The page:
“Things happen?” Phil’s hand went to the back of his neck and squeezed, “what things?”
“That’s not entirely up to me, now is it?” still swinging her feet, she sounded almost indifferent.
“You’re being deliberately opaque,” he accused.
“Too bad, I was going for superficially compliant,” she said, now with a disquieting hint of mirth.
“Uh,” his hand returned to his neck, “why don’t you jump down from there?”
“I would,” she paused for a moment, stopped the swinging, and looked up at the sky, “but what if I should land somewhere between your angst and your attitude?”
“That seems almost inevitable,” he muttered with resignation, his hand dropping to his side.
She floated down, landing easily, incongruously, on the platform a foot away from him. “Or I could just leave.”
“So now you’re reading my mind?” he prided himself on not suggesting where she could go.
“Nope. Your face, body language,” she made no effort to move away from him.
“Why did you come here?” he noticed how pretty she was, wishing that he hadn’t.
Several long seconds later she moved, stepping just inside the car. “That begs several questions.”
“Such as?” on autopilot, he followed.
She grabbed the hem of her coat with both hands and snapped it to dislodge now imaginary snowflakes. “Why did you come here? Did I come here, or was I already here? Last, but not least, where is here?”
“First one is easy, the other two, I don’t know. I came here in search of the truth.”
“Lord. It’s worse than I thought,” she pulled back the hood of her coat in no particular hurry and shook out her long hair, then caught him in her gaze, “especially since you don’t know where you are. All you’ve figured out is that your position is relative to the position of the observer – that being you, Mr. Einstein.”
“There’s truth in science,” he defended with what he hoped was finality.
“Possibly. However, that truth is dependent on the initial premise itself.”
“Great, I suppose you’re going all Jefferson Airplane lyrics on me next.”
“When the truth is found to lies, and all that? No. But, ooh, Mickey Thomas – the best ‘heyyy’ ever in rock and roll history!” she flashed a glorious smile.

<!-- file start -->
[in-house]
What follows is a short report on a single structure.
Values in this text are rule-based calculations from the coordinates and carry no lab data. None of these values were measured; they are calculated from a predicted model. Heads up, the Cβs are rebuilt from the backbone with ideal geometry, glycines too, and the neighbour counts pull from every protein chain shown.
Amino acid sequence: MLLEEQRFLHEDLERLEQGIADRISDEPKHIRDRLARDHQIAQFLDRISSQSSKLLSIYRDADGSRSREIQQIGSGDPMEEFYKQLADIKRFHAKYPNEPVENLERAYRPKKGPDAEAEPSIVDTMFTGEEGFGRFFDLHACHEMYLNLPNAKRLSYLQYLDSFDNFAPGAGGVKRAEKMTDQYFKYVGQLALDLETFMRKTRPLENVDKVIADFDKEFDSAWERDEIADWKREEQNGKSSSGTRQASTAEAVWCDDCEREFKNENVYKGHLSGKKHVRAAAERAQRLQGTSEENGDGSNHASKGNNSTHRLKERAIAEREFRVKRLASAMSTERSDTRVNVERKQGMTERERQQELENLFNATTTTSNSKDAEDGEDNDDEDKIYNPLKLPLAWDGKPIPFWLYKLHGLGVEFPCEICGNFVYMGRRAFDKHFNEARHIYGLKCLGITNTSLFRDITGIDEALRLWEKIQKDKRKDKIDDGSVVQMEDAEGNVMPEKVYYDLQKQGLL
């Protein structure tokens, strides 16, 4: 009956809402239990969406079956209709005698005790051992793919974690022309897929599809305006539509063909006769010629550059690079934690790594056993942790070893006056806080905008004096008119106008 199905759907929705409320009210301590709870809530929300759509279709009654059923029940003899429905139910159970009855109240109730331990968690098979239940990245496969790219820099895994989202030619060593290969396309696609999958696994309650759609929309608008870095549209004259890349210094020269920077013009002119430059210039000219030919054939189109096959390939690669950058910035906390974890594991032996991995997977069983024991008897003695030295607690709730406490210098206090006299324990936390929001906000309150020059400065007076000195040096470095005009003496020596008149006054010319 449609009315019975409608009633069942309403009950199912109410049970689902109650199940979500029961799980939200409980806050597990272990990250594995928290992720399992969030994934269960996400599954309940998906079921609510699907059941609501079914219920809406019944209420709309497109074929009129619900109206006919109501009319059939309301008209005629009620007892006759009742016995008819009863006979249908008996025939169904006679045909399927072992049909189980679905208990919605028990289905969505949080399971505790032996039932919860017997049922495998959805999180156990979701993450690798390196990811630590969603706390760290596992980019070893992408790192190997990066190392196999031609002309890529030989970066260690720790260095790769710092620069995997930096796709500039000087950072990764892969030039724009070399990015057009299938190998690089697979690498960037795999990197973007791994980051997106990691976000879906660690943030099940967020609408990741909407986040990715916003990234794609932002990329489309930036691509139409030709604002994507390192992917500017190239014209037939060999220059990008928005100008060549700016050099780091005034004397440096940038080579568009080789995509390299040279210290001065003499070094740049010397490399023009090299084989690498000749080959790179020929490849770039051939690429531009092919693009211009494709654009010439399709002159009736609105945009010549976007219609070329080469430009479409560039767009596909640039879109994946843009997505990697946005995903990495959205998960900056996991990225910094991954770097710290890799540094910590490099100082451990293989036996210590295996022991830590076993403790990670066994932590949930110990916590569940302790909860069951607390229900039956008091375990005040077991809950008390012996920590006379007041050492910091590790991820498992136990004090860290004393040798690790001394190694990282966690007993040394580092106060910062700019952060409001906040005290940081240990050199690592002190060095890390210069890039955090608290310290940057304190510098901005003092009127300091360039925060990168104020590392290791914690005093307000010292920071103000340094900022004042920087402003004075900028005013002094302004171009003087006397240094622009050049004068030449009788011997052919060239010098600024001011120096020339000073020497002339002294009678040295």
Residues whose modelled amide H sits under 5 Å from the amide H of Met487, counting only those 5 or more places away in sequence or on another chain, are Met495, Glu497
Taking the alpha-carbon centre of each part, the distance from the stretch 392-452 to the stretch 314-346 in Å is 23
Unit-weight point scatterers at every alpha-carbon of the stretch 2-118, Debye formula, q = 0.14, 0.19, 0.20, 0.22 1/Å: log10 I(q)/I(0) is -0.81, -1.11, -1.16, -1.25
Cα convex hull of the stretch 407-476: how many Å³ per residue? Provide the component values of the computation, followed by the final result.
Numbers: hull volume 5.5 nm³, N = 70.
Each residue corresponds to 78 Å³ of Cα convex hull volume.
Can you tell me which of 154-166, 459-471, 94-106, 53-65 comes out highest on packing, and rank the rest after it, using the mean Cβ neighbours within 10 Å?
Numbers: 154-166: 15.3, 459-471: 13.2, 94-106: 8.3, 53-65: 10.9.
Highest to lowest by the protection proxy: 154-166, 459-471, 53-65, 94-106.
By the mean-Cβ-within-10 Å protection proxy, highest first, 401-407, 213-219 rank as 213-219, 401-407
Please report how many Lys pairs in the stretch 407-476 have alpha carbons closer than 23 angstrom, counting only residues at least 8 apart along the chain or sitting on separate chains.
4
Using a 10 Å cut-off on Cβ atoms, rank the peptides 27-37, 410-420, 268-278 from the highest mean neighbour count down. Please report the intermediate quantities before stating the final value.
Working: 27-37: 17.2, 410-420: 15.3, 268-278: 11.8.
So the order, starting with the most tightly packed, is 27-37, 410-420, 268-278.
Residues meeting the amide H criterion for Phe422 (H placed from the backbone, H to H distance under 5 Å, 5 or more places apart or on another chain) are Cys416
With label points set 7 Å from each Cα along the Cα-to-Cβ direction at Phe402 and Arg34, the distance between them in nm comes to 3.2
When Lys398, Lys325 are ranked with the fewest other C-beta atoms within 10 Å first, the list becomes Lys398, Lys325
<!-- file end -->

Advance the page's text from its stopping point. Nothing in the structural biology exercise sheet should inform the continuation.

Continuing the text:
“That’s irrelevant,” he didn’t return the smile.
“Nothing is irrelevant. In the alternative, everything is. Your choice …” she glanced up and down the length of the car, “speaking of – you could as well have gone first class, you know.”
“Fine. Can we get back to the truth then?”
“I wasn’t aware that we were in the truth, but sure, okay. Bottom line is that you don’t really want truth,” her chin puckered her bottom lip into a slightly disapproving pout.
“Of course I do! Everyone wants the truth,” he stated, finding himself more aggravated at her attractiveness than anything else.
“So you’re going to reference the CIA lobby now, ‘and the truth shall set you free’?”
“If you’re going to reference Jefferson Airplane, then yeah, I can – “
“I didn’t, you did. You inferred it,” she returned.
“Either way, but truth is freedom.”
“The binding, blinding truth? No, it imprisons you.”
“Maybe you, not me,” he scoffed.
“Of course it does. It sets parameters according to indisputable facts, like so many fence posts set in the ground. Then you make it worse by stringing chicken wire around them. Boom! You’re boxed in. Nowhere to go.”
“I thought you said this was the place where things happen.”
“Only if you allow it,” she said, turning toward the still open door and walking away.
“Wait! What about clarity?”
“I told you that was my name,” she said evenly, “we both mistakenly assumed that I could impart it.”